top コラムExhibition ReportVol.24 ERIC "Tokyo Superdeep Borehole" 東京超深度掘削坑

Exhibition Report

Vol.24 ERIC "Tokyo Superdeep Borehole" 東京超深度掘削坑

John Sypal

With camera and flash in hand, Hong Kong native and longtime Japan resident ERIC (he goes by this all-caps mononym) has always been drawn to humanity. Over his twenty-year (and counting) career he’s held dozens of exhibitions, won awards, and produced several books of his vibrant, color street work. (A generous amount of which can be seen on his website: )

ERIC has knack for framing particular moments of supremely banal reality which, when seen from the right angle and fill-flashed just right, are elevated in a photograph to something sublimely and weirdly “beyond” the moment which they originated.  Much of his work’s uncanniness is due to the brightly frozen expressions of his subjects. Such expressions- always captured in good faith with a wry sense of humor- have been a major element in his ongoing colorful photographic tapestry.  


What then, when the streets suddenly become faceless?  


Such was a question posed to Tokyo’s street photographers during the first part of the Coronavirus pandemic of the 2020s where everyone went fully masked in public. In Japan this went well into 2023. (I need to state that yes, obviously the fact that photographing strangers in public became more difficult (or less interesting) is one of the absolutely least important aspects of pandemic’s devastating effect on society- and countless individuals.)


The pandemic prompted many people a chance to reassess their relationship with society. ERIC used it to dig deeper into understanding his adopted country. While the altered/faceless streets prompted other photographers to look elsewhere, take a break, or even give up, ERIC took his Leica R9, a 21mm lens, a Metz flash, 350 rolls of Kodak Ultramax film, and got to work. 


The result? Tokyo Superdeep Borehole, a vivid collection of color photographs he made on the streets between November 2021 to October 2022. Over those eleven months he drilled and flashed his way past the surface of Japanese urban society to reveal a vibrant Tokyo comprised of a light, crisp brightness- a city inhabited by dazzling, unique people.


Tokyo Superdeep Borehole was first introduced as a photobook and exhibition by Zen Foto Gallery in late 2022. This 2023 exhibition, held at the spacious Nikon Salon in Shinjuku, consists of forty 20 x 24 inch C-prints done specially for the venue. The fact that ERIC made them in a color darkroom is one thing but even more amazing is that he did all of the prints in a single day.  (Having put in a few years in a 1-hour photo lab like he did helps.) 

The Nikon Salon’s rectangular layout has a classic feel and prints possess a dynamism thanks to their size. The wide-angle lens gives the subjects a sense of grandeur and immediacy.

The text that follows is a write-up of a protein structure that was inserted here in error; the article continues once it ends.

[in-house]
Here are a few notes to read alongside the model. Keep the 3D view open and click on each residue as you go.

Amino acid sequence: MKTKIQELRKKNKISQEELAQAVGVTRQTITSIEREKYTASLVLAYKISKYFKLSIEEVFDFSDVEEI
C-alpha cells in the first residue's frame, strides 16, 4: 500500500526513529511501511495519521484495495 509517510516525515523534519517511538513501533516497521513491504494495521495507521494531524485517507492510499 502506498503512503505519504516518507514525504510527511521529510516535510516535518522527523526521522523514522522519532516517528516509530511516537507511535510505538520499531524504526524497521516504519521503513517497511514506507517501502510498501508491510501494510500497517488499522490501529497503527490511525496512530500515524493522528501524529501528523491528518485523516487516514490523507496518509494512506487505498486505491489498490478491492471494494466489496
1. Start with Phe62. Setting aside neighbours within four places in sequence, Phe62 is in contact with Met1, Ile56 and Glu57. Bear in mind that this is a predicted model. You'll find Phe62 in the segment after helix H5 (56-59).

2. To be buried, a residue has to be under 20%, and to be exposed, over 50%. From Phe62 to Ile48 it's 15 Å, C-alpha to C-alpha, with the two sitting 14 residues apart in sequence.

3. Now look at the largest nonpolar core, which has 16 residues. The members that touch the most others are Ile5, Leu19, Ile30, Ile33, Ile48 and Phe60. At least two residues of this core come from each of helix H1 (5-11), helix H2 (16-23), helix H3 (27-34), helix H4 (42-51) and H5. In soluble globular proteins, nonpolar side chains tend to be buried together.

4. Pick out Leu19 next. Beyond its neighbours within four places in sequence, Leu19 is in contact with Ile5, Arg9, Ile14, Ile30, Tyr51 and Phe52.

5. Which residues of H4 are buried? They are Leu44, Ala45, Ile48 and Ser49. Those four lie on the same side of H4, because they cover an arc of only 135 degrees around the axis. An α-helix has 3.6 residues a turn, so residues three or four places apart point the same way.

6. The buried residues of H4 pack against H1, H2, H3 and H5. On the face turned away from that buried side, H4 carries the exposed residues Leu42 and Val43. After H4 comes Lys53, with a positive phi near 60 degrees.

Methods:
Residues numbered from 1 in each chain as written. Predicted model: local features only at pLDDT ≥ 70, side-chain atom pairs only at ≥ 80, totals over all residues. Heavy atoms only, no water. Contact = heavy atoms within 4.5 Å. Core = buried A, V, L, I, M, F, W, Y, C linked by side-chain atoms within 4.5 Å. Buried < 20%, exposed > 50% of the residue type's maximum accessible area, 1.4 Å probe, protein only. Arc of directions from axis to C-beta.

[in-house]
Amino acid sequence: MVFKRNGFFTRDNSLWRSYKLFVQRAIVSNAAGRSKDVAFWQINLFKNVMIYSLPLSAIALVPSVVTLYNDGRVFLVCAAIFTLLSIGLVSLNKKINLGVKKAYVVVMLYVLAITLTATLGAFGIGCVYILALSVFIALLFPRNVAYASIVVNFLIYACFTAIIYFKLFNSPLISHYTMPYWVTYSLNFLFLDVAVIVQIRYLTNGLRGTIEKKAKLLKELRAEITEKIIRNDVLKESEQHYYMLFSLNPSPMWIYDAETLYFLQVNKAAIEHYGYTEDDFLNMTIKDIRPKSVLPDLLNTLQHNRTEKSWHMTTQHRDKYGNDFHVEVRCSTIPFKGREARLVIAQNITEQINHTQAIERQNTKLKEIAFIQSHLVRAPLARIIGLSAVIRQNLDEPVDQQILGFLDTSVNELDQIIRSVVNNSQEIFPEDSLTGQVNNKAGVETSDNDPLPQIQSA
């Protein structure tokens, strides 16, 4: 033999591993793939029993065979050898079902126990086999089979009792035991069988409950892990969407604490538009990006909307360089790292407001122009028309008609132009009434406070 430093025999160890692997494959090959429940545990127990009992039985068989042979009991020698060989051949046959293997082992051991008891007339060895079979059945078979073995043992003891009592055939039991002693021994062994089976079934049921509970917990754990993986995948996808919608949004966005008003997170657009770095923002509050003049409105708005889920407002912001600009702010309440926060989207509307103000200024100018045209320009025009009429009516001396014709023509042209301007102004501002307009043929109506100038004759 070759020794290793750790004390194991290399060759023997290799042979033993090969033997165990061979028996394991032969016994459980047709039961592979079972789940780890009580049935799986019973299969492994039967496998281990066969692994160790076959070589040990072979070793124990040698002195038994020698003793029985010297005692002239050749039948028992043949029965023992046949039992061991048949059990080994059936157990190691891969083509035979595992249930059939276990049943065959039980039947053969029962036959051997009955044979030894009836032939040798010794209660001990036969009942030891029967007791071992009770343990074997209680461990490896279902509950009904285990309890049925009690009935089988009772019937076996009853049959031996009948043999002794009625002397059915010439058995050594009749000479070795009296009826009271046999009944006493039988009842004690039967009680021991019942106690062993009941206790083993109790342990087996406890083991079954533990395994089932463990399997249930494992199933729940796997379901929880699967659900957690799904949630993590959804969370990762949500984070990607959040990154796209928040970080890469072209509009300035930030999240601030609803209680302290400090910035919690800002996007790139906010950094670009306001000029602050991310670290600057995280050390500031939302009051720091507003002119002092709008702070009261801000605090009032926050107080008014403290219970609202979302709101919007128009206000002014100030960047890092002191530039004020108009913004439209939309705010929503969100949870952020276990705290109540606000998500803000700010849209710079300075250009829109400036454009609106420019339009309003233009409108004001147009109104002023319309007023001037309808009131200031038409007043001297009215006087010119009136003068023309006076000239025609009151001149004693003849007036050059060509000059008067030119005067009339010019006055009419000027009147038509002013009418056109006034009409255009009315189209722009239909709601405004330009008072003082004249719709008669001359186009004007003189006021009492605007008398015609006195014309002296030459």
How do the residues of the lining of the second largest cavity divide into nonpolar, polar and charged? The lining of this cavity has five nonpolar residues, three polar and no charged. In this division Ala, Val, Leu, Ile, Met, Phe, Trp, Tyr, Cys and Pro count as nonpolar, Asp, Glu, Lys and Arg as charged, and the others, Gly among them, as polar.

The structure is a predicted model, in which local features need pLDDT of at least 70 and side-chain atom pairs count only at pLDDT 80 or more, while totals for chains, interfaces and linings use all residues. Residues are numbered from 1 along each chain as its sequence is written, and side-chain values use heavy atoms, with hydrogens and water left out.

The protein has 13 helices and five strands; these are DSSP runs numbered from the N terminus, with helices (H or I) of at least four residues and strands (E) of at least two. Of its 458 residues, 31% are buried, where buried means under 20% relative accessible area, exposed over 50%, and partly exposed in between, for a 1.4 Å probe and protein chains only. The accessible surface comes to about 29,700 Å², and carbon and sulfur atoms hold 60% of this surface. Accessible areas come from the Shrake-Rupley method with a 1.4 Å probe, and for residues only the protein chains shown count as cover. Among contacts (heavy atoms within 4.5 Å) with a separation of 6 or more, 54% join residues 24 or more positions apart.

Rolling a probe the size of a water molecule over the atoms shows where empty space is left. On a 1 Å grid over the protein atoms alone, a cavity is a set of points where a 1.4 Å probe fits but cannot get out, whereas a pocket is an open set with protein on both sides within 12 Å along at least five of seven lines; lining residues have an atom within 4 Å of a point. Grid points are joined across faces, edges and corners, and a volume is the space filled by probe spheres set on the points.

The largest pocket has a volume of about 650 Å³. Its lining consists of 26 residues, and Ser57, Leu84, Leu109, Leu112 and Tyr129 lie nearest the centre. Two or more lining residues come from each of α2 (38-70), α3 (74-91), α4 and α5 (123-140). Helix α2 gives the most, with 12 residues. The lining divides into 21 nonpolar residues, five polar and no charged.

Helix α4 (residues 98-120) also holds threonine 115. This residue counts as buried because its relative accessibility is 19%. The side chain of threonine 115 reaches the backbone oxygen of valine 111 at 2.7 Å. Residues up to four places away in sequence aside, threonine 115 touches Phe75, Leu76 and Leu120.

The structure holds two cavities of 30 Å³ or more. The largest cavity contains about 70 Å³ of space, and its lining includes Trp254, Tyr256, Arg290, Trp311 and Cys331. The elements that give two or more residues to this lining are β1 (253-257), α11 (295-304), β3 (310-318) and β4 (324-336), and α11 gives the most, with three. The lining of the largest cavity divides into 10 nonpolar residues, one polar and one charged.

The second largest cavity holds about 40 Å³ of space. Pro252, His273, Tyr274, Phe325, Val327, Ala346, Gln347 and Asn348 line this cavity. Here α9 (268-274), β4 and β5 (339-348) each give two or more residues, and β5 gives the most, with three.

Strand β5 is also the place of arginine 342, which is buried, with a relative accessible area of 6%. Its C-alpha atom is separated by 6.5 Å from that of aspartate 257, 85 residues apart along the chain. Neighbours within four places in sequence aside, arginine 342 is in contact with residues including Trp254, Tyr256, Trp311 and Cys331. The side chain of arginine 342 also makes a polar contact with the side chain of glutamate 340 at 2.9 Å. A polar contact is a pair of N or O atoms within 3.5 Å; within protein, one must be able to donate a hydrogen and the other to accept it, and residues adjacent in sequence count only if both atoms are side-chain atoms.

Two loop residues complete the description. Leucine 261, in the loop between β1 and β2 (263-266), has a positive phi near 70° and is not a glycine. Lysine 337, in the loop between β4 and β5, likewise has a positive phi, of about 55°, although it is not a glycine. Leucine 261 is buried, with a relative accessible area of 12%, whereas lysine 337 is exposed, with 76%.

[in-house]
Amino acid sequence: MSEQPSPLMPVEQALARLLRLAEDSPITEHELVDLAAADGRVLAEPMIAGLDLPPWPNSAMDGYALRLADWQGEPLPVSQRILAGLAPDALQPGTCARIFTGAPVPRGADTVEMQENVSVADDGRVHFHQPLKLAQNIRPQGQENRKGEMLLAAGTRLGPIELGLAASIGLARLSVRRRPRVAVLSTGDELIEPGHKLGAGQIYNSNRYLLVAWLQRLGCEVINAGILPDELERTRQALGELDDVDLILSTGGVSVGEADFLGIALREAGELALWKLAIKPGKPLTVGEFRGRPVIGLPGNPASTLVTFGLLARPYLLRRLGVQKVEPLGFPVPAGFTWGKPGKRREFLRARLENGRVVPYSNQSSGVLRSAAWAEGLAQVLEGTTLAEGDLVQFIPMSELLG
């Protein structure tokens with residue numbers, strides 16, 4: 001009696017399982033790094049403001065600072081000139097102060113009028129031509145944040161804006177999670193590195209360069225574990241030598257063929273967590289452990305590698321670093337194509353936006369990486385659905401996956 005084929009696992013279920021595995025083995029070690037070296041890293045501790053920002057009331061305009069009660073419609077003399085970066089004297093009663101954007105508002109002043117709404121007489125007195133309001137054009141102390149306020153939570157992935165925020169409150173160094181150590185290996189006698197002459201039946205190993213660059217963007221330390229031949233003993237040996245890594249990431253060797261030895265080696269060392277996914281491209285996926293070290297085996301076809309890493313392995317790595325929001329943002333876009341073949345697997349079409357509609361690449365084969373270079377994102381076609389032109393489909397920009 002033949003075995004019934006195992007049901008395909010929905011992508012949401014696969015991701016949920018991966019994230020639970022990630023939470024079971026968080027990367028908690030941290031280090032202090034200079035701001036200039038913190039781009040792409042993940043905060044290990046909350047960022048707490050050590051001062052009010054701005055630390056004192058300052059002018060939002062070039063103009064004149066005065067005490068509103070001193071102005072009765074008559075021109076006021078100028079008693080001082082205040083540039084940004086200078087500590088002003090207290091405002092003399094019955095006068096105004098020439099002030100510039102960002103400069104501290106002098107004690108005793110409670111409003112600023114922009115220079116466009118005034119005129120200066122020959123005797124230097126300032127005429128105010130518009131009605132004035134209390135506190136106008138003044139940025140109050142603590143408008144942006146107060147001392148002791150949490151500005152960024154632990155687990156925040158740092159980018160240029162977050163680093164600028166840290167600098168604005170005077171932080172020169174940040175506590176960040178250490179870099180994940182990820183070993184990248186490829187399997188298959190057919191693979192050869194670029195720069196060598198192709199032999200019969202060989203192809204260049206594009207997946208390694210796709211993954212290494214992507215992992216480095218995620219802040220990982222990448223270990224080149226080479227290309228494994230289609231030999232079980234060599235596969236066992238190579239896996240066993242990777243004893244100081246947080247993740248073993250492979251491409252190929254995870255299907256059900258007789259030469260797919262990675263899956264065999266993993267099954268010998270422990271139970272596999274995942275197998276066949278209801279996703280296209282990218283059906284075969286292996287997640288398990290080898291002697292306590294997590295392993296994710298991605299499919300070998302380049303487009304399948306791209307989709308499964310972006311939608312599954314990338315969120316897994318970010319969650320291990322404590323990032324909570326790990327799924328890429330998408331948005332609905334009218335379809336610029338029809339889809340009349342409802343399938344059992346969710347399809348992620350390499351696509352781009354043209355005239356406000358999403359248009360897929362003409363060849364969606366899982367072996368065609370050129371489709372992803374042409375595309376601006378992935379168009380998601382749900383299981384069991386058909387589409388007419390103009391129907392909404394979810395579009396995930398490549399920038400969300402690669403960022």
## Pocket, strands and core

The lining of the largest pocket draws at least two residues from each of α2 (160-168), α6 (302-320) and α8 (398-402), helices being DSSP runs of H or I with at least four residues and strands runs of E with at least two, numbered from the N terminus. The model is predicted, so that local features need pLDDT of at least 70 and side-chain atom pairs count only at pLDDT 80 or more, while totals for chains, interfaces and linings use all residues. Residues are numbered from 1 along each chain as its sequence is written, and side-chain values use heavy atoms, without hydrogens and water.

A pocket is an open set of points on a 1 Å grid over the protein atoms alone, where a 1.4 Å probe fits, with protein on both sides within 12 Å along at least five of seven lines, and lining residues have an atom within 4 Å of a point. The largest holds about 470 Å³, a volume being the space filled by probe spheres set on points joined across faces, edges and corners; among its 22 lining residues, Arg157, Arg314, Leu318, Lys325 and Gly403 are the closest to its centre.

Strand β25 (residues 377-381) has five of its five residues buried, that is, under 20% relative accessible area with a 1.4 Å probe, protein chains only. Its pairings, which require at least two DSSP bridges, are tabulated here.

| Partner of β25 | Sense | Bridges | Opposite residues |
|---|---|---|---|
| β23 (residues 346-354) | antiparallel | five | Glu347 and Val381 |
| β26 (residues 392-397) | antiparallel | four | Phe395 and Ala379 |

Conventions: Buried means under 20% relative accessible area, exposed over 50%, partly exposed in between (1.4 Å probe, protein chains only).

Tokyo, one of the world's most photographed cities, seems to draw more foreign photographers every year. ERIC's photographic quest is not re-telling a story about Japan for global audience. He’s been here a long time. He's interested in individuals-not stereotypes or preconceptions. Maybe it helped that he took up photography after moving to Japan. He sees clearly. He’s not afraid, or apologetic. He is real.  And so are these pictures. In them are none of the faceless, mindless salarymen that populate countless photographs by other non-Japanese in the city. Nor are there the agreed upon “correct” kinds of Japanese people that one might find in domestic TV dramas and commercials. With that special clarity some immigrants are able to perceive their adopted country with, ERIC feels that Japan is far more individual than anyone- especially the Japanese- might think.


In his statement on the work he suggests that:

Today, the Japanese people unconsciously internalize and apply a communal illusion—the notion that Japanese people are this and that—to themselves, and such illusions appear most apparent in the cities, especially Tokyo …


ERIC’s work counters the expected and the agreed-upon.  A unique character himself, his open, enthusiastic approach to photography suggests that things- and strangers- are more interesting, more vibrant, and brighter than we dare hope.  

















「東京超深度掘削坑」は、2022年末にZen Foto Galleryにて写真集と展覧会として初めて発表されました。2023年に新宿の広々としたニコンサロンで開催されたこの展覧会は、本展のために特別に制作された20×24インチのタイプCプリント40点で構成されています。












作品の中で ERICはこう述べています。


  • 人と人が作り出す光景という表面は、いわば地表であって、過去はその下に地層となってどこまでも沈んでいっている。そしてその地表の物事からは「根」が伸び、その地層を深く深く貫いている。
  • 僕は今回の写真で、日本人の「根」を垣間見たように感じている。


ERICの作品は、予想されたことや合意されたことに対抗するものともいえます。 彼自身がユニークな人物であり、写真に対するオープンで情熱的なアプローチは、物事や見知らぬ人は、私たちがあえて期待するよりももっと面白く、もっと生き生きとしていて、もっと明るいものだということを示唆しているのです。





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